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‘Things to Do in Denver When You’re Dead’ (R)

By Desson Howe
Washington Post Staff Writer
February 16, 1996

NEVER TRUST salesmen at the door, coupons promising you free vacation trips or attention-getting movie titles. Case in point: "Things to Do in Denver When You're Dead," an overwrought gangster fable that tries to pull a slick, fa on you.

Screenwriter Scott Rosenberg creates a set of henchmen whose smart-alecky tough-guy banter is so over-stylized you want to feed dese guys to the fishes. He uses brutality and profanity to replace storytelling and tears his scenario from the well-worn Hollywood Book of Script Options (Chapter Three: Gangster Redemption Stories).

Jimmy the Saint (Andy Garcia), who used to run with a paraplegic mob leader known as the Man With the Plan (Christopher Walken), is in trouble. His attempt to go straight—an "afterlife advice" videotaping service, where the dying record advice to their next of kin—has gone bust. And the Man With the Plan (who indirectly bankrolled the enterprise) wants his money back.

The Man With the Plan gives Jimmy a way out. It seems the crippled leader's simpleminded son Bruce (Josh Charles), distraught over the woman who dumped him, has been molesting girls in a schoolyard. Jimmy's job is to round up some bad guys, find the guy who stole Bruce's woman and scare him off.

So Jimmy rounds up his cash-strapped pals from the old days.

* Pieces (Christopher Lloyd), who's losing his fingers to some mysterious strain of leprosy and is now a porno-movie projectionist.

* Franchise (William Forsythe), who runs a trailer park and fights with his religious wife.

* Critical Bill (Treat Williams), a wild-eyed nut who practices his boxing on the corpses he dresses at a funeral home.

* Easy Wind (Bill Nunn), an exterminator whose life revolves around pesticide.

Well, if the job worked out, we wouldn't have a movie. Something goes terribly wrong. The Man With the Plan declares them "buckwheats," which means they should be killed as horribly as possible, and sends a ruthless hitman called Mr. Shhh (Steve Buscemi) after them.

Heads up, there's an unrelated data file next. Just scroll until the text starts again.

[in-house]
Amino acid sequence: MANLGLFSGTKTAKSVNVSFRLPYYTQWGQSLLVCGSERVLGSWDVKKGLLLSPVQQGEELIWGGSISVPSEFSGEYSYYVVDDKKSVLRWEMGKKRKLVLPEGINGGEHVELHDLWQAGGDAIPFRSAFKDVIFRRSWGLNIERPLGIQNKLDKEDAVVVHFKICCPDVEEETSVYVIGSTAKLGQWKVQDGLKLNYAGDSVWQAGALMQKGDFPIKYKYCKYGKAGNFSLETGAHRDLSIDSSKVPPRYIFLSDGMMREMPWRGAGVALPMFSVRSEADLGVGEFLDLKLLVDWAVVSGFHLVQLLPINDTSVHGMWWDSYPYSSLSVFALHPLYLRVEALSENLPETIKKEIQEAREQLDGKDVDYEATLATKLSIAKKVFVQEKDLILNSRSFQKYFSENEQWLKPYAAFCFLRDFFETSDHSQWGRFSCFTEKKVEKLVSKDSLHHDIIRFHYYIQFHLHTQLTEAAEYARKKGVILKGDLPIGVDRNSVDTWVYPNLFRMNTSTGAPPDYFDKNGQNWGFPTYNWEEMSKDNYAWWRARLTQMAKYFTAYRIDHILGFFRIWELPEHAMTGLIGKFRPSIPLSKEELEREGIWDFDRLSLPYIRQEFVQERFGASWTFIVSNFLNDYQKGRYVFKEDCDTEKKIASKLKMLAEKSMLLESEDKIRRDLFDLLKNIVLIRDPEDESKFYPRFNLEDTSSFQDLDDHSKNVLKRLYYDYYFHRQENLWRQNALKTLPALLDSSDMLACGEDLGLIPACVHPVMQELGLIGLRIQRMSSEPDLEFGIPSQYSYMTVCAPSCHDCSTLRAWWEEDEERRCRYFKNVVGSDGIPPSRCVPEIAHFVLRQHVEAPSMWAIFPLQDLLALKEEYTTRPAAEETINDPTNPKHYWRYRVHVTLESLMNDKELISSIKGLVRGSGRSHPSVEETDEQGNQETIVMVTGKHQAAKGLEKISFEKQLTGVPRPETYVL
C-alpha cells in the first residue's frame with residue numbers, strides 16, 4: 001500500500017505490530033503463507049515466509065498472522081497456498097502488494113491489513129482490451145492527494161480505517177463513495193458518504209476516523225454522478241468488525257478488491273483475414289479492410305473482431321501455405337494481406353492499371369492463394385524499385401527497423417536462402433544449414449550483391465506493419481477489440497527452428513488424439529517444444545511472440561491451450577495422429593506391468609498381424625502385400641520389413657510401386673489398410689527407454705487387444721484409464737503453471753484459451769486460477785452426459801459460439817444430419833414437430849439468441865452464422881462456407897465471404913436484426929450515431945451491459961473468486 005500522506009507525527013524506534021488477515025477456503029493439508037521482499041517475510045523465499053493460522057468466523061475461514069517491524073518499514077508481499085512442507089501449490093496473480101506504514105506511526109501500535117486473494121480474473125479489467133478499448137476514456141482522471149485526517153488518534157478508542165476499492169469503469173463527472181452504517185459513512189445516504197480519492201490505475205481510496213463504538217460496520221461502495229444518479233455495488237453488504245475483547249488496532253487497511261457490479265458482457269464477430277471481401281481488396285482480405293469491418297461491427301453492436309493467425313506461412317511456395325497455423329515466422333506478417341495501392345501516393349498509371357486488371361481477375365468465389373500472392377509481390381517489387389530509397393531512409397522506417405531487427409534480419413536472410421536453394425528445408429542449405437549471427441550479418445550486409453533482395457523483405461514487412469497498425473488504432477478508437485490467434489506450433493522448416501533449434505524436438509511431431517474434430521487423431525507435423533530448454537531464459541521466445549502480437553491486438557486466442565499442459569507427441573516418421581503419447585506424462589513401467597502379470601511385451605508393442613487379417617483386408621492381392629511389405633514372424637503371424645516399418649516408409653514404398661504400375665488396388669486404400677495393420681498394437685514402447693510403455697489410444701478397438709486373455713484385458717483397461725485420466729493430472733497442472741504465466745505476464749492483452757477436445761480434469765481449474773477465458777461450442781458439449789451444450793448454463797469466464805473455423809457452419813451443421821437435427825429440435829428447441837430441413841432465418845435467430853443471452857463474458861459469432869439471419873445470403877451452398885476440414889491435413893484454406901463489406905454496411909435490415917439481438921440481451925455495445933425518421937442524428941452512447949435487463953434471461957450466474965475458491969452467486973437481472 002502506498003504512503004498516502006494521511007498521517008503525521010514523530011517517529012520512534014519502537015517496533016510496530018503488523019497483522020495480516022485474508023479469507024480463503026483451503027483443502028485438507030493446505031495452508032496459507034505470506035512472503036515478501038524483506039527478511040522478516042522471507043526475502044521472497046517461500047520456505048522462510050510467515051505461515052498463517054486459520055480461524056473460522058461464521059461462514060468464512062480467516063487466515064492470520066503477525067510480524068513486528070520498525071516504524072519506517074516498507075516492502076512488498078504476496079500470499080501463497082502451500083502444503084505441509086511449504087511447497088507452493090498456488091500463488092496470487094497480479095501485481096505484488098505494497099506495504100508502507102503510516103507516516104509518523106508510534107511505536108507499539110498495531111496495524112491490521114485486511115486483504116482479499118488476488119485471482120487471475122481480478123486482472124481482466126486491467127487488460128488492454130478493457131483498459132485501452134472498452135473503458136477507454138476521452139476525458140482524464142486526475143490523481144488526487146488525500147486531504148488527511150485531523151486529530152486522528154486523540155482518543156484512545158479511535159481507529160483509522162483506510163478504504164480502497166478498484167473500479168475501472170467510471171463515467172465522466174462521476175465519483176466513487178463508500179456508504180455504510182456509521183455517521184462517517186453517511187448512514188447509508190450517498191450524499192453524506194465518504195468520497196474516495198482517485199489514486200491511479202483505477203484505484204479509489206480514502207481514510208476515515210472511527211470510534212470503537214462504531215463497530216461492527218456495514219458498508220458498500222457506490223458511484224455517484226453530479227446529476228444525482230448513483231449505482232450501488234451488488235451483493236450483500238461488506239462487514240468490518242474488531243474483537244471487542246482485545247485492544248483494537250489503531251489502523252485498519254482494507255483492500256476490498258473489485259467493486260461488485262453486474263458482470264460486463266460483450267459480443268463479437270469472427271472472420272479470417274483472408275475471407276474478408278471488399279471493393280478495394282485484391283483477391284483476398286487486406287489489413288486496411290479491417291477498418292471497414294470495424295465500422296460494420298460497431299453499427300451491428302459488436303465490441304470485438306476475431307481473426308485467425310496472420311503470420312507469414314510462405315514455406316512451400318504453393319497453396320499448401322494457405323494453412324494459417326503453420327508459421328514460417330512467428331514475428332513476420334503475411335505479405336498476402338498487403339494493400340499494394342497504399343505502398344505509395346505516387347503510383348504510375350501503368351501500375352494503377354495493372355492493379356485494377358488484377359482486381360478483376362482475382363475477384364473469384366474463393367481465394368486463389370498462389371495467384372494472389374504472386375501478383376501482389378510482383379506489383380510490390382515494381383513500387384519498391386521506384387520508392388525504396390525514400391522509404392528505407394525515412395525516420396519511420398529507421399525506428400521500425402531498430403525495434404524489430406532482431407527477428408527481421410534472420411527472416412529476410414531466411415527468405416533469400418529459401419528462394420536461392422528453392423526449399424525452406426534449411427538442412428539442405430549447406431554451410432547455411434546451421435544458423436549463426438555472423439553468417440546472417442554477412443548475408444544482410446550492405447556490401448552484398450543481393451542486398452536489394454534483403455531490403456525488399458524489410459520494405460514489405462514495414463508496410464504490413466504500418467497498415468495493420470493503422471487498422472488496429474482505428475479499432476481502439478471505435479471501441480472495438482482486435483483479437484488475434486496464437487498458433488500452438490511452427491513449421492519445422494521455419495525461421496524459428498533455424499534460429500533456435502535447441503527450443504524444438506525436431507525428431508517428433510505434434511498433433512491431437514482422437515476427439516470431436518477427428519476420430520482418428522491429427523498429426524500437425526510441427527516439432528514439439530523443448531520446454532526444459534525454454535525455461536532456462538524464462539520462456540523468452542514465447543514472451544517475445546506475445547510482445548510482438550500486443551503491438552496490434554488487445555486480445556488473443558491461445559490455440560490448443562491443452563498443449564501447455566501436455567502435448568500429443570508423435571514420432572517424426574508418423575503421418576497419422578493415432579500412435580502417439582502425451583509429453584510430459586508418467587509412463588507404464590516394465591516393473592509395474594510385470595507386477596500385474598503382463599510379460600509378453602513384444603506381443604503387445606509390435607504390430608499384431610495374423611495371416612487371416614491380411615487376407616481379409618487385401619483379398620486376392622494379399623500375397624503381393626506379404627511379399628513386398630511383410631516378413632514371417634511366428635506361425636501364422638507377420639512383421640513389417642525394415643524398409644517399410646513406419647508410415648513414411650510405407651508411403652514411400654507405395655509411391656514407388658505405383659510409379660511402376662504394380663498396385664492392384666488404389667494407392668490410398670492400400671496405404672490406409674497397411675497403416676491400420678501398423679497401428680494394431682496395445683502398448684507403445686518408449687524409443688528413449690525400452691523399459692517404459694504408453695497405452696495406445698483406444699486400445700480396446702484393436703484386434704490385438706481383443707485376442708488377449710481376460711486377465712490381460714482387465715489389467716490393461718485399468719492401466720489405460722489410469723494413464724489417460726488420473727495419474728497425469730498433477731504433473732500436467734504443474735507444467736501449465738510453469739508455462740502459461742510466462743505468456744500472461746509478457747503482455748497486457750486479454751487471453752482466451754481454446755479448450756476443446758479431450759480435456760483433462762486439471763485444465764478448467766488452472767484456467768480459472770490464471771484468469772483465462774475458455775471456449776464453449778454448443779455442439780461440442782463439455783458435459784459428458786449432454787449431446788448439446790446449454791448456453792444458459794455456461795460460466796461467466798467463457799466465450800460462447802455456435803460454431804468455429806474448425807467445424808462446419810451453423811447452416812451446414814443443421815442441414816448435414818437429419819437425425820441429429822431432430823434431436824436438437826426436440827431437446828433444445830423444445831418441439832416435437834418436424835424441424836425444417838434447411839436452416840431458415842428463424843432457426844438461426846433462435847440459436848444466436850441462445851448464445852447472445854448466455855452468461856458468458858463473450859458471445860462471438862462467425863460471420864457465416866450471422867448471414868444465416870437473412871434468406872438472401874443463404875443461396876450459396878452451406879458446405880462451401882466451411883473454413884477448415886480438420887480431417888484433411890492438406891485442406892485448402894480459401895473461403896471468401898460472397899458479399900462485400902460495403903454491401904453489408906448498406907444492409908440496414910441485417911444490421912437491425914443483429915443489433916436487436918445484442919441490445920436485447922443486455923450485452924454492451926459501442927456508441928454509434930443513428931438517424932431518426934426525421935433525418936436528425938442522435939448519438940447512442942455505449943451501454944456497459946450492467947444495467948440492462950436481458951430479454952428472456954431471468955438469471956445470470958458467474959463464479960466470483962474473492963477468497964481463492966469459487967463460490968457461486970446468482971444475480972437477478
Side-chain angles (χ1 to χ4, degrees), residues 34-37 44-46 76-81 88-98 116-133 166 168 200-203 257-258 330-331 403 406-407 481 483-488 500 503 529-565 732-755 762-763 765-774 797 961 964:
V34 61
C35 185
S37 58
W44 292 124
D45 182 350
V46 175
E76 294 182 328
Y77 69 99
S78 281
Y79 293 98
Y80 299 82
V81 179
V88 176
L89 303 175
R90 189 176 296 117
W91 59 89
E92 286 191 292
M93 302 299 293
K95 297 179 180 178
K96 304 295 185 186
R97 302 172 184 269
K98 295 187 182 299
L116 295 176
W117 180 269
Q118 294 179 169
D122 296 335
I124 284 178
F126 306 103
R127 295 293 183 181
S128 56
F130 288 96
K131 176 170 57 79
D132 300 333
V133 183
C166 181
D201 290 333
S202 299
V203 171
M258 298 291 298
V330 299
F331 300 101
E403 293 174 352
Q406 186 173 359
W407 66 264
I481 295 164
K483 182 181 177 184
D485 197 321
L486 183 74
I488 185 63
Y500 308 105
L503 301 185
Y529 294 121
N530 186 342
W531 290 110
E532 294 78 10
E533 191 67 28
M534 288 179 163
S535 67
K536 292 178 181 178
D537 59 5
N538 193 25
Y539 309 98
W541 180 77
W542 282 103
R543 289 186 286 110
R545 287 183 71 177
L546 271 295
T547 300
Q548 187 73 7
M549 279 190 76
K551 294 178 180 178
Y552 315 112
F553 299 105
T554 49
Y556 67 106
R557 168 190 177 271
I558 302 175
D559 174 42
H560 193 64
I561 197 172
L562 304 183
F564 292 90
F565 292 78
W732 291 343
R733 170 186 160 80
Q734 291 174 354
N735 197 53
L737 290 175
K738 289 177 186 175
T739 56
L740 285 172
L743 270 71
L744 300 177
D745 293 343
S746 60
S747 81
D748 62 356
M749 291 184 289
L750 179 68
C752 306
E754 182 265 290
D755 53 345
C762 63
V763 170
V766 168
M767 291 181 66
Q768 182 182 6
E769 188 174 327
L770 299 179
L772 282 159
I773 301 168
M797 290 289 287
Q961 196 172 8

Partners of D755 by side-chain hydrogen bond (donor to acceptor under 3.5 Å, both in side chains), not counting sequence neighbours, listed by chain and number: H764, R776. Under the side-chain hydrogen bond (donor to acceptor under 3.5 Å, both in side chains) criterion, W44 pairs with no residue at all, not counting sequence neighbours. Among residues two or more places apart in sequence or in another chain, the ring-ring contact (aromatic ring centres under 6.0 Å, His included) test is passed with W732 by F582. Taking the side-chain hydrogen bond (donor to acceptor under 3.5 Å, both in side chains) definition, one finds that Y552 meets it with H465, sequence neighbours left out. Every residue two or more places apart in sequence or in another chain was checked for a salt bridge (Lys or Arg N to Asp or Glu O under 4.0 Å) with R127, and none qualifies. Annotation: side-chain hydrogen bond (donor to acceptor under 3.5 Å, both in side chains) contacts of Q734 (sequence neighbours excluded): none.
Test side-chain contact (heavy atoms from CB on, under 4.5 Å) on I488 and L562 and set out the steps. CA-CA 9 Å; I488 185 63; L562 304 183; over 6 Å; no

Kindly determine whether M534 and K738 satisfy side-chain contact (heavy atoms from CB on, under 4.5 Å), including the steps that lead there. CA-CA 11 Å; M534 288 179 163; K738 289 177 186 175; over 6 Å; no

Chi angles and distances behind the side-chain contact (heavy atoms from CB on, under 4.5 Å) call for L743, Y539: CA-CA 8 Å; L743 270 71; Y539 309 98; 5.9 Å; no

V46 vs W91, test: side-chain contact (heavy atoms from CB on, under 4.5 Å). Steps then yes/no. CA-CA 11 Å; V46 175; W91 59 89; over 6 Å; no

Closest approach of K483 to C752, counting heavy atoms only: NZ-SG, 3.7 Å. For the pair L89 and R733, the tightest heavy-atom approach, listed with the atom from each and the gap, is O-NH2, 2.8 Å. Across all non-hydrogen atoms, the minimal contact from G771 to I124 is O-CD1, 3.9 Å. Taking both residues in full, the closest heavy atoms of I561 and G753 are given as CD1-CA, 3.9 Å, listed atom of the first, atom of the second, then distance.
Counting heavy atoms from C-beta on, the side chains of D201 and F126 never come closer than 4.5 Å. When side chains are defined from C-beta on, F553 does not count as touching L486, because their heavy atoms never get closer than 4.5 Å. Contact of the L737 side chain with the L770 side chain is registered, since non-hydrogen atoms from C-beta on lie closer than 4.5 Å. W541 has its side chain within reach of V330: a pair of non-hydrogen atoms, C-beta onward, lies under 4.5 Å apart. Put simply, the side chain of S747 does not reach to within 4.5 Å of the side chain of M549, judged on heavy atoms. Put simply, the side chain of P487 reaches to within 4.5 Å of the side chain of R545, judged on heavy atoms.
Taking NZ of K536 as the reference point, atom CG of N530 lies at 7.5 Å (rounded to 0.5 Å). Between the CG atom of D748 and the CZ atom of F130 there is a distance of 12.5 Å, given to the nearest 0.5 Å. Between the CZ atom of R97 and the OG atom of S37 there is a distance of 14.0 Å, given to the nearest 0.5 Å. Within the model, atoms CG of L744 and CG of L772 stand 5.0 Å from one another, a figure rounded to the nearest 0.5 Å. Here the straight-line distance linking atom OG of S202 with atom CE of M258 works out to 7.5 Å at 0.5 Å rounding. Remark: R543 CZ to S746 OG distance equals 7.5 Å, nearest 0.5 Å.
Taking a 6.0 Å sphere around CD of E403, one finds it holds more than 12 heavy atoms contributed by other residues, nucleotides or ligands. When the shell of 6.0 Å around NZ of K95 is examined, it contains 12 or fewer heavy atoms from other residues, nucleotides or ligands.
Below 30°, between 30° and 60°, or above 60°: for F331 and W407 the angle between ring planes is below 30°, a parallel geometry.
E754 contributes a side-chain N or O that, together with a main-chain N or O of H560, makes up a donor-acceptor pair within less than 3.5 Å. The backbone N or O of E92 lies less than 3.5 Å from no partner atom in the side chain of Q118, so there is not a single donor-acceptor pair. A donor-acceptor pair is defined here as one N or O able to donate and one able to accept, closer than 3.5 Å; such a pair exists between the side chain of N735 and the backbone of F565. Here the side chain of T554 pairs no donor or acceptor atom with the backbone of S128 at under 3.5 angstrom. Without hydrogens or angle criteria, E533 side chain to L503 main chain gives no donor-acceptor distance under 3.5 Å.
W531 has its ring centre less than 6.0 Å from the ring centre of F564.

Jimmy just wants to get back to his new affair with Dagney (Gabrielle Anwar), a skiing instructor who falls for dumb pickup lines. ("You glide," Jimmy tells her. And girls who glide, he continues, "Need guys who make them thump." You figure out what he means.) But he's not Jimmy the Saint for nothing. He's got to take care of all his people, including the gang that couldn't pull off the job and street hooker Lucinda (Fairuza Balk), who just wants to quit her gig and have Jimmy's baby.

As the Man With the Plan, Walken (who operates his wheelchair with his mouth and cracks nasty, off-color jokes about his dormant masculinity) performs the usual Christopher Walken show. And Williams makes an endearing psychotic. But most of the time, the movie, directed by novice Gary Fleder, draws tiresome attention to its secondhand coolness and artificial poignancy. Jimmy's spiritual ascension is triteness personified. And the movie crawls with cringe-inducing lines. "We did the things," says Pieces as he faces certain death, and sentimentally recalls a "$2,000 fox trot with that chick in the Paris nightclub." Pieces, you didn't do the things. You're not even real.

THINGS TO DO IN DENVER WHEN YOU'RE DEAD (R) — Contains sexual situations, excessive violence and considerable profanity.

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